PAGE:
by Misa Murohashi, translated by Bruce Rutledge,
Early Japanese immigrants rest in untended graves atop Queen Anne Hill in Mt. Pleasant Cemetery. Last December 24, two Buddhist priests from the Shingon sect visited the graves from the Bay Area in California to hold a memorial service. Consul General Yoichiro Yamada, Sushi Chef Shiro Kashiba and others rounded out a group of about 10 people who attended the service.
“For some reason, I felt a sense of mission when I heard about these early Japanese immigrants who ended their lives across the waters in the US and are in untended graves,” said Emi Ejiri, who goes by the Buddhist name Kan’Ei and held the memorial service.Ejiri, who integrates corporate marketing across the Asia Pacific region for Oracle in Silicon Valley, went through training at Koya-san seven years ago and earned a Buddhist name in order to hold memorial services for people in untended graves. She was accompanied on this memorial service by Koraku Mikami. At Eimei University in Silicon Valley, the pair explain the teachings of Kobo Daishi Kukai to local businesspeople.
The person who invited Ejiri and Mikami to Mt. Pleasant Cemetery was Seattle-based landscape architect Koichi Kobayashi, featured in these pages last year as the man behind the Friends of Seko Garden campaign. Kobayashi found the graves on one of his strolls from his nearby home. After looking into it, he found that 28 Japanese people were laid to rest here between 1884 and 1911. A friend told him about Ejiri, so he called her and asked her to visit the cemetery. Ejiri had the experience of being project coordinator for renowned Japanophile Oracle co-founder when he decided to replicate the gardens of Katsura Imperial Villa in Kyoto in his own garden. “There’s so many twists of fate here, it’s interesting,” said Kobayashi. He’s hopeful that the networks of Ejiri and Mikami could help him in his efforts to save the Bellevue garden on private property owned by Joan Seko.
For this memorial service, 22 of the 28 people died in a March 1910 avalanche accident involving a train in Wellington, a town in the Cascade mountain range. The Great Northern Railway train, which traveled between Leavenworth and Seattle, had been stuck in Wellington for six days due to heavy snowfall. Then the avalanche swallowed it up, killing 96 people and making it the worst avalanche disaster in North America at the time. More than half of the victims worked for the railway, including many of the Issei, who were thought to have been working away from home at the time. A monument was erected for the 22 Issei in March 1930, and the memorial service was held in front of that monument. The monument, put up 20 years after the accident, was probably built by volunteers from the Nikkei community.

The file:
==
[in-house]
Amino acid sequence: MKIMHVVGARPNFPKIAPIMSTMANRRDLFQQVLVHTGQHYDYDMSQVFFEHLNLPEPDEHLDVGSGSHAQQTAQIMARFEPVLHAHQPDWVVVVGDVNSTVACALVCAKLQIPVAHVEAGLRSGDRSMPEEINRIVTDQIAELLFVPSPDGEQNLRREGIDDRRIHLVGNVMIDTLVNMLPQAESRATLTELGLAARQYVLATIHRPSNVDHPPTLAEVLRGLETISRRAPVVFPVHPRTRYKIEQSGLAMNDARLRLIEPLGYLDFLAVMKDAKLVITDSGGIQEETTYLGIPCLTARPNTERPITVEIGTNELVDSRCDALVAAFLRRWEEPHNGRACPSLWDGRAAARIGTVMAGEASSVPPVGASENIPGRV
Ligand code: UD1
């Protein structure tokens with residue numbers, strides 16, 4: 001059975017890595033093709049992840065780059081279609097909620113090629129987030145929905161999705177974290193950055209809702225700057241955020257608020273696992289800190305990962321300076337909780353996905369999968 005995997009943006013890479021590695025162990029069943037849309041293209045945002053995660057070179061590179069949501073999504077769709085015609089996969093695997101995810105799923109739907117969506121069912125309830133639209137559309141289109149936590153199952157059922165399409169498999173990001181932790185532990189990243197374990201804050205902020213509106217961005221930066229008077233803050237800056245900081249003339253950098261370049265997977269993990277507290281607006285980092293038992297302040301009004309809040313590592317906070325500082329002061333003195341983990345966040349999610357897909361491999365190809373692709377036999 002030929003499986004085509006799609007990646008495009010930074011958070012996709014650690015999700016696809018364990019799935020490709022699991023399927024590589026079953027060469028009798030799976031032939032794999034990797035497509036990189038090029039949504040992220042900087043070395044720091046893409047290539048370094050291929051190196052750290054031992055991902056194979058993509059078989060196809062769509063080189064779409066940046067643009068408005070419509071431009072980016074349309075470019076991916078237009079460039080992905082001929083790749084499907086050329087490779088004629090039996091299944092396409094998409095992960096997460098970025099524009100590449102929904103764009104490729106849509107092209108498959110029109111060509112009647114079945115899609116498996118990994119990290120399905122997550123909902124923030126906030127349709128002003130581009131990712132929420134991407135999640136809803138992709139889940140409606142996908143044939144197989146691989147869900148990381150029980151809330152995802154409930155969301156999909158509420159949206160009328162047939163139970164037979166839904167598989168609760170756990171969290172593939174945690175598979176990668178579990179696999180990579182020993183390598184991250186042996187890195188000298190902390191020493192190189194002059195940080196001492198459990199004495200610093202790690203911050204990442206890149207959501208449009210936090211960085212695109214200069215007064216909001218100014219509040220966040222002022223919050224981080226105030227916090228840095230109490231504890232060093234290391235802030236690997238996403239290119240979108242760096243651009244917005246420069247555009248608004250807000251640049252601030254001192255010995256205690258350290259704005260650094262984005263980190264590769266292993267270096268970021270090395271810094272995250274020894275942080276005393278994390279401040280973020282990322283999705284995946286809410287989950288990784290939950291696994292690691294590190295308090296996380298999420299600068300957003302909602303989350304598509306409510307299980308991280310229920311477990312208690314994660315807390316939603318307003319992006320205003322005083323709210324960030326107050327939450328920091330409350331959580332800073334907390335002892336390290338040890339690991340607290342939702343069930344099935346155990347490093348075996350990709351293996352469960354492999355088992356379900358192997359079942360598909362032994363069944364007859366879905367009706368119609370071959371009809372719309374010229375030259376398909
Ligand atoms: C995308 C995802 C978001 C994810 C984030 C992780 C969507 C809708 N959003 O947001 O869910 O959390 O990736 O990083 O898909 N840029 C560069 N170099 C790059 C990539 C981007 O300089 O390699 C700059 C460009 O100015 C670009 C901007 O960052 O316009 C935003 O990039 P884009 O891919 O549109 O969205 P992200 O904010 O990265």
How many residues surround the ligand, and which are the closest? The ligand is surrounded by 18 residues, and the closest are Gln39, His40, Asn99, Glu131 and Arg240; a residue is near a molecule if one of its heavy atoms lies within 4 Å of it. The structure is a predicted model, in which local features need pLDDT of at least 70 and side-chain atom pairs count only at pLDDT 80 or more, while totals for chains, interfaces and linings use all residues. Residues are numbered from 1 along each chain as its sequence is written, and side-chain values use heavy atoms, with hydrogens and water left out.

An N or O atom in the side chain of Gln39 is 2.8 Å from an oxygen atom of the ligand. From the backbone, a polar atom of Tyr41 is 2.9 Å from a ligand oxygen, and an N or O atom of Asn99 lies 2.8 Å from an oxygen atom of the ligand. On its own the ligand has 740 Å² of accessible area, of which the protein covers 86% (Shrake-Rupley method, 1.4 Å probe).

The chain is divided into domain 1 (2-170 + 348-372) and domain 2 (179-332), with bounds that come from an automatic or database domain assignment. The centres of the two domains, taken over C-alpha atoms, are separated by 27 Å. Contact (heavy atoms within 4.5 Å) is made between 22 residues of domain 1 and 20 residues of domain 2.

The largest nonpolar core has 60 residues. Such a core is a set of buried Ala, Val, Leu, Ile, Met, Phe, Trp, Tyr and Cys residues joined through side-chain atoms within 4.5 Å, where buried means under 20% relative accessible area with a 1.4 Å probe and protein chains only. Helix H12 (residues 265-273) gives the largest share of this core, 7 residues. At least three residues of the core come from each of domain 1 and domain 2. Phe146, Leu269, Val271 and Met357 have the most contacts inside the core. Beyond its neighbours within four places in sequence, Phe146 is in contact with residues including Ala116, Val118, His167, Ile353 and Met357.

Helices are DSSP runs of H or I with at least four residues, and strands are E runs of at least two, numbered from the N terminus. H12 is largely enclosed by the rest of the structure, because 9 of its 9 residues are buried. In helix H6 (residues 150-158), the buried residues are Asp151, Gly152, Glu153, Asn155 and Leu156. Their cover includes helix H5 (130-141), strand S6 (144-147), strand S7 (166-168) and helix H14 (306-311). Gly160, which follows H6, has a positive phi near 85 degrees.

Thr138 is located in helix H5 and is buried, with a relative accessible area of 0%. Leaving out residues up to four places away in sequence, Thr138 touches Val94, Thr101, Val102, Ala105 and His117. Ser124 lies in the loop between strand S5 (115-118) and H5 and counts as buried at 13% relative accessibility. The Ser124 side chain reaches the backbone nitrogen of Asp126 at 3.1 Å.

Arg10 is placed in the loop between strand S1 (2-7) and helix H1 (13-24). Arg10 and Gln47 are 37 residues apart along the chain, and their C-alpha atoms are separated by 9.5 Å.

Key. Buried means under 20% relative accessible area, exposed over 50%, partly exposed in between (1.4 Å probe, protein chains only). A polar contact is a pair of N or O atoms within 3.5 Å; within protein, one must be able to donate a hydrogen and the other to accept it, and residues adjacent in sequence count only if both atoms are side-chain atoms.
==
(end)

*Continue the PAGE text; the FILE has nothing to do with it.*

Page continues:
Apart from the 22 avalanche victims honored by the monument, another six graves thought to be for Issei were found. Those were also included in the memorial. Among those was a gravestone for Umekichi Tai, said to have died at age 33 in 1884. That would make him an Edo Era person born in 1851. Kobayashi speculates that he wasn’t an immigrant but someone on a ship that got lost and ended up in the US. “There’s a high probability he was lost at sea,” Kobayashi said.
The Christmas Eve memorial service was held in the biting cold as snow fell on Seattle. Those in attendance listened to the two priests as they honored the Issei immigrants and those lost at sea, people who dealt with difficult destinies in life and death.
Victims of the Wellington avalanche inscribed on the monument:
1909 T.Hirano, K.Murakami, U.Takaoka, S.Miyasaki, T.Niguma,
K.Kashida, U.Yamashita, T.Tokio, I.Kawabata, K.Narita, H.Horimoto, F.Murakami, T.Saida, T.Maeda, G.Osona, Y.Watanabe, T.Miura, S.Sakai, U.Kawahara, S.Tsunoda, C.Mizuguchi, K.Takeya
Names written on gravestones that Kobayashi believes are Issei:
1911 H.Hashizaki, 1907 M.Endo, 1905 M.S.Takada, 1903 Chosuke Fukamoto, 1884 Umekichi Tai, 1893 Kinzo Sahai